From Brexit and the resignation of David Cameron, to the Italian referendum and the resignation of Matteo Renzi, 2016 has been a busy year of political change in Europe. And there is more to come in 2017, with a Dutch general election; British local elections; French presidential elections and German elections.
The team at Kantar Public have been looking back at 2016 and the common roots of this political disruption. They’ve been exploring Eurobarometer data to understand the impact of fears about unemployment, the cost of living and immigration.
Many people regard the results of the 2016 elections across Europe as primarily due to the 2008 recession and its repercussions. Europeans still see unemployment as the main problem their country is facing; two-thirds say the job situation is bad in their country (65%).
This pessimism is also tinged with nostalgia. The majority of Europeans (55%) agree that the quality of life “was better before”. Political parties are widely disparaged; almost eight out of 10 Europeans do not trust them.
Public disaffection and economic unrest is often seen as a catalyst for populism; however, when looking specifically at the UK in the run up to Brexit, Brits displayed some of the highest levels of life satisfaction seen in any EU country – 94% of people were satisfied with the life they led. In the May 2016 Eurobarometer survey, 53% of Brits described the national economic situation as good.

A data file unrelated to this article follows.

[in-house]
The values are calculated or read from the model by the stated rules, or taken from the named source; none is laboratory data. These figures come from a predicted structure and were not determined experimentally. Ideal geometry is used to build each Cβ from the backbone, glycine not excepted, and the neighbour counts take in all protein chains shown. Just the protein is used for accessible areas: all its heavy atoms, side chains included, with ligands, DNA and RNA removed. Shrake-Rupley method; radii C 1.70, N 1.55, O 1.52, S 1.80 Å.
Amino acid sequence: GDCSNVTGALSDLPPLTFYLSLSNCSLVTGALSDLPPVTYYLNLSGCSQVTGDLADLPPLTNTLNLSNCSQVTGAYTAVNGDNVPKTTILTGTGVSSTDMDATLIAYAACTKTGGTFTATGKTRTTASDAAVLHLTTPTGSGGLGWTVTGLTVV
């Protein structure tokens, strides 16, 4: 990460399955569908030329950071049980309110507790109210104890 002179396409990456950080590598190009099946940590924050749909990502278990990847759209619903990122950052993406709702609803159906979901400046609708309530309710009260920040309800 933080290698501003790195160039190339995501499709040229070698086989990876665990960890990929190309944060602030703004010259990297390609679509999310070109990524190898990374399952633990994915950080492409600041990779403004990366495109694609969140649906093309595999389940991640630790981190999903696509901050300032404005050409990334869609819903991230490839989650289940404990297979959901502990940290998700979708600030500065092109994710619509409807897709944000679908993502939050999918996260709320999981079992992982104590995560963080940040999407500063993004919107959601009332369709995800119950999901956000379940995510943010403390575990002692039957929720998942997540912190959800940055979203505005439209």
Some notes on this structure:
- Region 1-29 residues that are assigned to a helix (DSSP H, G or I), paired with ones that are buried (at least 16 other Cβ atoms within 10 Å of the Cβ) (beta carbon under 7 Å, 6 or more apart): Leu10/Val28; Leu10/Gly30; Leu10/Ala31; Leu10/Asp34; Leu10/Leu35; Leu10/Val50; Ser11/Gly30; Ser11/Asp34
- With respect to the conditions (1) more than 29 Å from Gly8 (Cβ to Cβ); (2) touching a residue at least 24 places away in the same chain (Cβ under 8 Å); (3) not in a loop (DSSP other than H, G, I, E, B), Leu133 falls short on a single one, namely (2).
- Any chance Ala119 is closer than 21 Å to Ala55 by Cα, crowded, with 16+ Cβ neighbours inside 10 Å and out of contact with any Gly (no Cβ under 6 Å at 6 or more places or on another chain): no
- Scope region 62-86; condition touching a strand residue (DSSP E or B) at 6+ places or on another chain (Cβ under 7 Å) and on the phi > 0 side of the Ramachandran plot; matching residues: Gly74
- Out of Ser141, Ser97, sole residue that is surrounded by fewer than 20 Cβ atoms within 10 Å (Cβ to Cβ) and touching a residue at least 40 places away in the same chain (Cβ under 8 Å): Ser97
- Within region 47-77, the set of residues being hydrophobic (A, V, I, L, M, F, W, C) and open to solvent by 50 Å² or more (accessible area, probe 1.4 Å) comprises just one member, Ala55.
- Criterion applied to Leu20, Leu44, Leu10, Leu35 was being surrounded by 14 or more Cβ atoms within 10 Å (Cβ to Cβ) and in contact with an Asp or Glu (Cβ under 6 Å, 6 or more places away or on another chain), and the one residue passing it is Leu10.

Alex Thornton from Kantar Public UK explains: “This was far from a nation in despair. Rather the mood was driven by a lack of trust in political establishments and a sharp rise in popular concern about immigration. Nearly two thirds (62%) of UK citizens did not trust their own National Government, higher even than the 59% who did not trust the EU. This is nothing new - Eurobarometer has shown trust in political establishments to be steadfastly low in the UK and elsewhere for more than a decade. Prior to Brexit, more than a third (38%) of Brits described immigration as one of the top two issues facing their country. The magnitude for this demands our attention - this made immigration the single biggest issue for the public.”
So what can we say about these ‘silent majorities’ who have been decisive during recent votes, who insist that they are ignored by ‘the elite’ and who certain leaders and parties nevertheless claim to represent? In autumn 2016, a huge 44% of Europeans said that they felt that their voice did not count in their own country. 64% of Europeans who are unemployed and 71% of Europeans who have financial difficulties asserted this. And using the ballot box to disruptive effect has now become a way of making these objections heard, but as Job van de Berg from Kantar Public Netherlands says: “The question remains as to whether these new political parties genuinely represent dissatisfied voters when the elections are over?”
Source : Kantar Public